Do you ever fight with your siblings? Unless you’re regularly biting, head-butting, and threatening each other all night long, things could probably be worse. The authors of a new PLOS ONE study investigate how well crocodilians get along with each other as youngsters.
Researchers observed seven species of hatchling and juvenile captive-raised crocodilians in Darwin, Australia and Chennai, India. The animals were divided into small groups and then introduced into new mixed water and land enclosures. The scientists counted, classified, and analyzed instances of aggressive interactions, postures and behavior among the animals. Because crocodilians are at their most active in the evenings and during the night (and at their most amiable during the day), the authors analyzed footage from 4pm until 8am the next morning.
Some but not all of the awesome aggressive behaviors the authors observed during the study included:
- Biting: “Jaws closed shut on an opponent.” Bites range from light mouthing to prolonged bites.
- Head pushing: “Head is pushed into an opponent.”
- Inflated posture: The crocodilian extends upward on its legs and arches its back downward to appear large and dominant. Other species also modify their posture in a similar fashion when challenged—two classic examples are cats and puffer fish.
- Tail wagging: Crocodilians (like cats and many other animals) wag their tails as a way to signal and respond to aggression. They also sometimes tail wag as a windup to increase the force of a bite or a side head strike.
- Side head strikes: One individual thrusts his or her head sideways into another’s.
Based on the observed behaviors, the authors classified the seven species according to levels of aggression. The authors suggest that the significant overall differences in relative temperament likely arise from each species’ unique ecological environment and adaptations. Some species, like the American alligator, the gharial (native to India), and the freshwater crocodile, were highly tolerant of one another and had relatively few aggressive interactions. When these species did display aggressive behavior, the vast majority of aggressive incidents appeared to be accidental and low-intensity. Other more aggressive species, like the saltwater crocodile and the New Guinea crocodile, displayed pronounced dominance patterns and had a higher incidence of deliberate, intense aggression. These species used direct challenges like biting to establish dominance, and submissive behaviors such as raising the head into the air to yield. Bites and head pushes were the most common forms of aggressive contact across all the species, although many behaviors were species-specific. For example, slender-snouted crocodilians tended to avoid aggressive interactions and the most potentially damaging behaviors, perhaps due to a relatively higher risk of injury.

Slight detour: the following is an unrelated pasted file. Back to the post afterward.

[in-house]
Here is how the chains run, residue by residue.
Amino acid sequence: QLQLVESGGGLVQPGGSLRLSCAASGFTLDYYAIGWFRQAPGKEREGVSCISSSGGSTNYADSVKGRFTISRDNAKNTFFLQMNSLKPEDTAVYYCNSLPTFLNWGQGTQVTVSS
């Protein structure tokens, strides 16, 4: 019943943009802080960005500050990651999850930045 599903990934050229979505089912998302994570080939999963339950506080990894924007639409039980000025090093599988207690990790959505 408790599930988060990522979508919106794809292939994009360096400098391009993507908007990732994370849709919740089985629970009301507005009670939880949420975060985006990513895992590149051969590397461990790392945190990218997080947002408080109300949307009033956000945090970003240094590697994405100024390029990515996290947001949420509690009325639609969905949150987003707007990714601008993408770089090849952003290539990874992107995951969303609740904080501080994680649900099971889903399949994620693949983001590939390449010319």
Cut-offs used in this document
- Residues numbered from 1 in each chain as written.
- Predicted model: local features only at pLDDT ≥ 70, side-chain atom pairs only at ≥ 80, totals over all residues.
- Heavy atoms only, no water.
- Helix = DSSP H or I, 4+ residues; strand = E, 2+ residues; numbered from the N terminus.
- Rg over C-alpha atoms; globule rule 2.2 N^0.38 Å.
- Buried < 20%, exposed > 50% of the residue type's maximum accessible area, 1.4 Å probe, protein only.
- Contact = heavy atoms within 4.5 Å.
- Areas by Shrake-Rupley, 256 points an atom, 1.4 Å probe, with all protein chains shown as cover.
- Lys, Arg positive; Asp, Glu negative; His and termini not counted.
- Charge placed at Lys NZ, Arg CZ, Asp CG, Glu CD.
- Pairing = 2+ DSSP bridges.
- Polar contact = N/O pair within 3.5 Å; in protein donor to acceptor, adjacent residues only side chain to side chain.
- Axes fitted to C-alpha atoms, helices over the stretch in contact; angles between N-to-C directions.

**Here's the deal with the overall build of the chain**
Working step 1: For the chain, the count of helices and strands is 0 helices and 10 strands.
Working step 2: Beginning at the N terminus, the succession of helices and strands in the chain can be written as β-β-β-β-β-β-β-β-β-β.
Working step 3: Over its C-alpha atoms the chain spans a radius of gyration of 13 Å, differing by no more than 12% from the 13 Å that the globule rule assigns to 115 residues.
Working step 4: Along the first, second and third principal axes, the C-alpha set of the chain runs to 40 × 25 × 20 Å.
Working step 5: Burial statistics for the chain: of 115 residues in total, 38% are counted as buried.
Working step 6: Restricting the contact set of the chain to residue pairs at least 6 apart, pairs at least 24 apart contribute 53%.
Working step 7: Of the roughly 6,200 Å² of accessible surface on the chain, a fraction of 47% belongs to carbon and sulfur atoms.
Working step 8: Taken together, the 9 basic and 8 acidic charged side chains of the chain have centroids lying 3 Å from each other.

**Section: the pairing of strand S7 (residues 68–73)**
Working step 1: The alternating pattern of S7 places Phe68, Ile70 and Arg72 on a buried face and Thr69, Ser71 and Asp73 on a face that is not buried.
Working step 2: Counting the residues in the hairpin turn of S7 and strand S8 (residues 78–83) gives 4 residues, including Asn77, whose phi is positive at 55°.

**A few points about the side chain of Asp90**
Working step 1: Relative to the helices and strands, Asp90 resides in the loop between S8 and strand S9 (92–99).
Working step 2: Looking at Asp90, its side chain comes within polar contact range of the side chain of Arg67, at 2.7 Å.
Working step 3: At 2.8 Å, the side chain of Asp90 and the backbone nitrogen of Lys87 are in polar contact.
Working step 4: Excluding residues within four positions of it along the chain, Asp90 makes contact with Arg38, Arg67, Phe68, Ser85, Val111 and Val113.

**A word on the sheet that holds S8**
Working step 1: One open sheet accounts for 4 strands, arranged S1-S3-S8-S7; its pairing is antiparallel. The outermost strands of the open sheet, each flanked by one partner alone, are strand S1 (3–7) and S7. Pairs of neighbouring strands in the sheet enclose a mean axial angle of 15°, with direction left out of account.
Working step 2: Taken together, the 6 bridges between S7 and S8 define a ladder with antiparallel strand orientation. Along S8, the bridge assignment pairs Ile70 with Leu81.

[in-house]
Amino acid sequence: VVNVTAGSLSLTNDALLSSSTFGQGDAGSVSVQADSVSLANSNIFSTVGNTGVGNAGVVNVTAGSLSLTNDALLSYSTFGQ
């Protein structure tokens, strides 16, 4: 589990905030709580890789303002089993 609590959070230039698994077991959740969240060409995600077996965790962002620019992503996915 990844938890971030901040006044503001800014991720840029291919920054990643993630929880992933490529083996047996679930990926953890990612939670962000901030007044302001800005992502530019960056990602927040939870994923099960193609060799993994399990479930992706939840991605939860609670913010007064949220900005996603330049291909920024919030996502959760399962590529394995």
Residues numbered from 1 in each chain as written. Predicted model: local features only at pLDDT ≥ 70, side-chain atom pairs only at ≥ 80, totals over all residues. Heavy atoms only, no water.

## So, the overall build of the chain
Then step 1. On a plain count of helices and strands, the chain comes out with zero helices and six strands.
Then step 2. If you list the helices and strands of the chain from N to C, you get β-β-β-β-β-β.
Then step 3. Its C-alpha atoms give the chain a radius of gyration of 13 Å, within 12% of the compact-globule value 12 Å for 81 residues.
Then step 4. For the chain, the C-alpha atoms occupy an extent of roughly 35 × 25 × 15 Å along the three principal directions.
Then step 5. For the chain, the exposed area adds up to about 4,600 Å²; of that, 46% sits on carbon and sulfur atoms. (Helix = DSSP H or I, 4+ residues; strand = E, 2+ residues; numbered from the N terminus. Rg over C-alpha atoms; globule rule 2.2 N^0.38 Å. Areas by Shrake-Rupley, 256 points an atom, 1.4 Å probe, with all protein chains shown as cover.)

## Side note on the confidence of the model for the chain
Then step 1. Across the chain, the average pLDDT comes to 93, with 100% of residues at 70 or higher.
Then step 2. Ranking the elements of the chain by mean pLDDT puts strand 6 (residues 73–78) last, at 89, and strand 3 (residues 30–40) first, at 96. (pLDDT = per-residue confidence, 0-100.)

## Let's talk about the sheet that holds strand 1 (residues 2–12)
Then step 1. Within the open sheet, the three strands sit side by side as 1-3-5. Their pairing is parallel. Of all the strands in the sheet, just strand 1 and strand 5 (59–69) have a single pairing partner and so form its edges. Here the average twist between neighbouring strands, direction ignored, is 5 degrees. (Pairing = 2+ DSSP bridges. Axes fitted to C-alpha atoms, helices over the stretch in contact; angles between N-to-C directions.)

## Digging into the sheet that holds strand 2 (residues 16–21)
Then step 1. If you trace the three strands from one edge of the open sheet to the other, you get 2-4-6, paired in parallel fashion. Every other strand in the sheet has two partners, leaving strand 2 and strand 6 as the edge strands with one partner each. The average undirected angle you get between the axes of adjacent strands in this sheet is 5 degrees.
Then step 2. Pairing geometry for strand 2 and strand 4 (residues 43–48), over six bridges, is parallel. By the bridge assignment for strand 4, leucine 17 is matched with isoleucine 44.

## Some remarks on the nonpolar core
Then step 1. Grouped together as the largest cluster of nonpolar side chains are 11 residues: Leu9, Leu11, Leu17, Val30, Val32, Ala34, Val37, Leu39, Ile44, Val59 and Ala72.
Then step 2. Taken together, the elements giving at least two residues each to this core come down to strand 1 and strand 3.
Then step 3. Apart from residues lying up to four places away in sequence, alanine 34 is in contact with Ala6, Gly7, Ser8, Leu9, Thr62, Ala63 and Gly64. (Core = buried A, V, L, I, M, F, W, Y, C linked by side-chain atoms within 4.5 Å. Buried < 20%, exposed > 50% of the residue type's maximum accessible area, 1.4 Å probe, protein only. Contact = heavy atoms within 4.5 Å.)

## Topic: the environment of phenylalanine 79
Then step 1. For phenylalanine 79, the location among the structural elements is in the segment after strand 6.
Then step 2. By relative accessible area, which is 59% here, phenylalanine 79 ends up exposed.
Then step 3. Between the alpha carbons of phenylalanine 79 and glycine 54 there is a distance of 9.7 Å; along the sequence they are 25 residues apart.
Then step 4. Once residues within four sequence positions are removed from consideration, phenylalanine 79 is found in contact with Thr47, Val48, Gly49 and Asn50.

The researchers suggest that aggressive behavior in young crocodilians could be a survival strategy to help them learn social queues and minimize their chances of being injured in social settings. The extent of the hatchling’s aggression may affect how long it takes them to abandon their initial family groups. Babies will spend anywhere from a few weeks to a few years with siblings and a small number of adults, until (like so many humans) they leave their families and strike out on their own “due to a growing intolerance of each other.”
The authors indicate that this research may have implications for effectively rearing multiple species in captivity and may also inform the planning, management, and success of effective reintroduction and conservation programs worldwide.
Citation: Brien ML, Lang JW, Webb GJ, Stevenson C, Christian KA (2013) The Good, the Bad, and the Ugly: Agonistic Behaviour in Juvenile Crocodilians. PLoS ONE 8(12): e80872. doi:10.1371/journal.pone.0080872